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Re: Triceratops Skull



This view, of a "bull-like" _Triceratops_, is also presented in Dinosaurs of
the Southwest, by Ronald Ratkevich.
I find the idea unlikely, as, at least pictured in this book, it would be
hard for the head to decline and graze, and it would severely limit lateral
motion.
Peace,
Rob

Student of Geology
P.O. Box 20840
Flagstaff, Az. 86011
http://dinodomain.com
http://www.cafepress.com/robsdinos
AIM: TarryAGoat
----- Original Message -----
From: "sdhughes" <sdhughes@ualberta.ca>
To: <dinosaur@usc.edu>
Sent: Wednesday, July 24, 2002 8:51 PM
Subject: Triceratops Skull


> I have recently attended a introductory University course on the evolution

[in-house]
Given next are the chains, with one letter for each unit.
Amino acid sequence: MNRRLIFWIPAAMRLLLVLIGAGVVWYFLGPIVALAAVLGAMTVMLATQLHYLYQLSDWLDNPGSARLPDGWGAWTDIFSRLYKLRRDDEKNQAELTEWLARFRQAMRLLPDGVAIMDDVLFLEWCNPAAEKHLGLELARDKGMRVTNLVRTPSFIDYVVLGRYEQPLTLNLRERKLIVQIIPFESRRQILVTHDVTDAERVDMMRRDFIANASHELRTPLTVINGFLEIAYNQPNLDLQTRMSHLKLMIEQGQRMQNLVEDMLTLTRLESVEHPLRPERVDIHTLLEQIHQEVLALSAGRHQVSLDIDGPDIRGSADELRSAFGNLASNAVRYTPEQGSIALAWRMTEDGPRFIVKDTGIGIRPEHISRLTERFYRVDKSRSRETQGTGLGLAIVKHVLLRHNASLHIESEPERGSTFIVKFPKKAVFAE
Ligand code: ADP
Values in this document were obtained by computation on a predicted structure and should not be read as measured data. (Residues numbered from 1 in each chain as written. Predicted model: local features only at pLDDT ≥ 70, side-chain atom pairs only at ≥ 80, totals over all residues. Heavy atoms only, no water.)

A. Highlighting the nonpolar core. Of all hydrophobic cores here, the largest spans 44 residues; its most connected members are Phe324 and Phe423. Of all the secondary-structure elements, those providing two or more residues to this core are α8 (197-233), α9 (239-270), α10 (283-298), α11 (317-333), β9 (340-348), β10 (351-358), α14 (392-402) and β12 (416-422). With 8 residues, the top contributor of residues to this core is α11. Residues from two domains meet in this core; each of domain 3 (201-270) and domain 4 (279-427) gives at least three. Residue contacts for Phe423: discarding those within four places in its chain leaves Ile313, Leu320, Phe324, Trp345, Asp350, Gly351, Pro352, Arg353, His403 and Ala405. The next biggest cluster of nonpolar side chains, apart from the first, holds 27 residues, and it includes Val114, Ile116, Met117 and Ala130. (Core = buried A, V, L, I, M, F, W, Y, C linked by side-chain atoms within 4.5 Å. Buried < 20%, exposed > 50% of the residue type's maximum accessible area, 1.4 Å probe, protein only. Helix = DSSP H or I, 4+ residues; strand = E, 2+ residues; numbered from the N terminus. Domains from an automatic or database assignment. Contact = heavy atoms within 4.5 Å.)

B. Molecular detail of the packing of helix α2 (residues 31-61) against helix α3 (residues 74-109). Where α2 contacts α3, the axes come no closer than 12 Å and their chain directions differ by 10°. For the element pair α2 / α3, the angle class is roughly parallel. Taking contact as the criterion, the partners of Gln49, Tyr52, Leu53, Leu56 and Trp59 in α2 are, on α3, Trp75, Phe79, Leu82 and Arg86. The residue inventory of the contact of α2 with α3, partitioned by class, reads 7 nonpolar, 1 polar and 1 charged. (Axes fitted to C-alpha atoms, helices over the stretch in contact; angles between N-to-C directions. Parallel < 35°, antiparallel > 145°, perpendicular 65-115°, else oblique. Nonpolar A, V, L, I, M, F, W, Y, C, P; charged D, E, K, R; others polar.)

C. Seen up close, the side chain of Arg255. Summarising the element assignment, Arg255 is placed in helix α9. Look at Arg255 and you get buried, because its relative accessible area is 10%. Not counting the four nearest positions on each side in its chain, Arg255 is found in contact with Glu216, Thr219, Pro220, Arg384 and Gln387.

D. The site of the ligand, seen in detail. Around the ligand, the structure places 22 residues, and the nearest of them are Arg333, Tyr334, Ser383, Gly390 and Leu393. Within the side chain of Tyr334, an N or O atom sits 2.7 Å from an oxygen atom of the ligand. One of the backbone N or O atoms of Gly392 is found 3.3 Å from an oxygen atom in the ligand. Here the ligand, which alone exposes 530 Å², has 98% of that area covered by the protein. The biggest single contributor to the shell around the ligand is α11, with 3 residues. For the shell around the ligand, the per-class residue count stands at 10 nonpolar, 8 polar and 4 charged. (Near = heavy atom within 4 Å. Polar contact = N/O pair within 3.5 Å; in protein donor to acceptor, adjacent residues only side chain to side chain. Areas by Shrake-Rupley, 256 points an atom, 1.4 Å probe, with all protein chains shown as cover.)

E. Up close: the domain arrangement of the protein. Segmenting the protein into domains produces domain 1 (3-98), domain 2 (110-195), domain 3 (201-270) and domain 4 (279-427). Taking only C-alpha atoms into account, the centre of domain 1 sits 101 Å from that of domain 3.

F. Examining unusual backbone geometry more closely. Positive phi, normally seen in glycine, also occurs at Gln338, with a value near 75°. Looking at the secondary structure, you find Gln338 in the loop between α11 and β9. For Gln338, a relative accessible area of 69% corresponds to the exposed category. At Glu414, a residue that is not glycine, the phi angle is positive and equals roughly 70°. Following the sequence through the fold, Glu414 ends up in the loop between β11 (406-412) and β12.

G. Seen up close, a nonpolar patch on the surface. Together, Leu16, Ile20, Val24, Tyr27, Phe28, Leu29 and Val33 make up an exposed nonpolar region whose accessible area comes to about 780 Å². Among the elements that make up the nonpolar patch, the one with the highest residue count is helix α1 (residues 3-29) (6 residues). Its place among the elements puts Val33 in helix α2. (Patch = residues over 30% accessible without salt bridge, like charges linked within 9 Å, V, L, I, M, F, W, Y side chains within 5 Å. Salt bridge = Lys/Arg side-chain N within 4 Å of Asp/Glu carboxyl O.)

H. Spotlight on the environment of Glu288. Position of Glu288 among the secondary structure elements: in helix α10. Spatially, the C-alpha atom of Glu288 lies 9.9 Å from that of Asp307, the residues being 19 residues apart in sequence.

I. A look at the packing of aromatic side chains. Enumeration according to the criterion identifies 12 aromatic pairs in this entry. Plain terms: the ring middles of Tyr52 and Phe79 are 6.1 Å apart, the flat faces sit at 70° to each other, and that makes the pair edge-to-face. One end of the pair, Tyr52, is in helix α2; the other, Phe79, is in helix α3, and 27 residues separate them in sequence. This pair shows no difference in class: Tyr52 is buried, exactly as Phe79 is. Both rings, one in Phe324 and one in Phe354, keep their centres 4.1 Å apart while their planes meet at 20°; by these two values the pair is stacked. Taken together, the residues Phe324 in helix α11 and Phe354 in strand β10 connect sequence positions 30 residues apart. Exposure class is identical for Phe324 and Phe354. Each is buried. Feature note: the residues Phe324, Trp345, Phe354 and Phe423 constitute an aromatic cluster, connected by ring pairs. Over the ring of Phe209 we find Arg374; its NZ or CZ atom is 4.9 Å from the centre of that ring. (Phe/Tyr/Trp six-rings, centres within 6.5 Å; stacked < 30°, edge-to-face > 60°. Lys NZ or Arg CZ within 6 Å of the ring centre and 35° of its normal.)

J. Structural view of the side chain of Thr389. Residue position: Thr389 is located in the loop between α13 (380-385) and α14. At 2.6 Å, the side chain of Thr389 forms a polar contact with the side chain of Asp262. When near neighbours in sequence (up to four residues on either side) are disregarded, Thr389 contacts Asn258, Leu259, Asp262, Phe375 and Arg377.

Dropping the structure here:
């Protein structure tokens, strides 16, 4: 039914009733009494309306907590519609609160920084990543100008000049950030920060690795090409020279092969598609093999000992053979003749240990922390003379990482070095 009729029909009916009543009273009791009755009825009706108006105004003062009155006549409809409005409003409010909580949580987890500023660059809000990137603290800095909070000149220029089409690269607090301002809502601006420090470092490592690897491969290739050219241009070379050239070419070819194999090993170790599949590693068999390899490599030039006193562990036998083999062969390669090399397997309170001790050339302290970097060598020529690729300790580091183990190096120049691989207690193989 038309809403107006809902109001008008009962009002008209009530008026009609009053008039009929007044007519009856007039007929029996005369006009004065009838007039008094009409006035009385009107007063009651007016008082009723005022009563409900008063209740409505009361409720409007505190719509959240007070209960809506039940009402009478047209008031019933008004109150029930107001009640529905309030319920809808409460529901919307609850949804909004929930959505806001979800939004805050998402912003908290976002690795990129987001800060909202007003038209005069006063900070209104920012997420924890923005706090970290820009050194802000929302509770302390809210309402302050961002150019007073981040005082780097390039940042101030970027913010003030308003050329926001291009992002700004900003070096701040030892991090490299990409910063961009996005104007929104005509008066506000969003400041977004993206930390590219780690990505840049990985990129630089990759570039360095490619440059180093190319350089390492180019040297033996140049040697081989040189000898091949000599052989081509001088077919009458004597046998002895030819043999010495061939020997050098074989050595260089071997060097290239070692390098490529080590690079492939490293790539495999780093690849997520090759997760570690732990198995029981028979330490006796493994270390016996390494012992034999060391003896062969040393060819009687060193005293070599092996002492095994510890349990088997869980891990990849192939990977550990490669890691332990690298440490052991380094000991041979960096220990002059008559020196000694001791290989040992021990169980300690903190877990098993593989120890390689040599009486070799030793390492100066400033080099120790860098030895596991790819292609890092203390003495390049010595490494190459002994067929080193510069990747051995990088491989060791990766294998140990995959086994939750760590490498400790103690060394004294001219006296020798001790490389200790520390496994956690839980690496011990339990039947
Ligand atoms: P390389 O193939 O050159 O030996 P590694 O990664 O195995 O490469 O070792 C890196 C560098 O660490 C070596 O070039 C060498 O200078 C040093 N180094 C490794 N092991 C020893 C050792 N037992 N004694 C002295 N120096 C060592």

of
> Dinosaurs at the University of Alberta. The prof in this course told us
that
> Paleontologists have relatively recently come up with theories about the
> Triceratops skull. The theory is that the extended back ridge of the skull
was
> actually used for attachment of muscles for the jaw. As well as this
muscle
> they believe that there was a large muscle behind the ridge to aid in
lifting
> their massive skulls. This gives the Triceratops a more bull-like
appearance.
> Is this a common theory?
>  Thanks
> Shara
>
>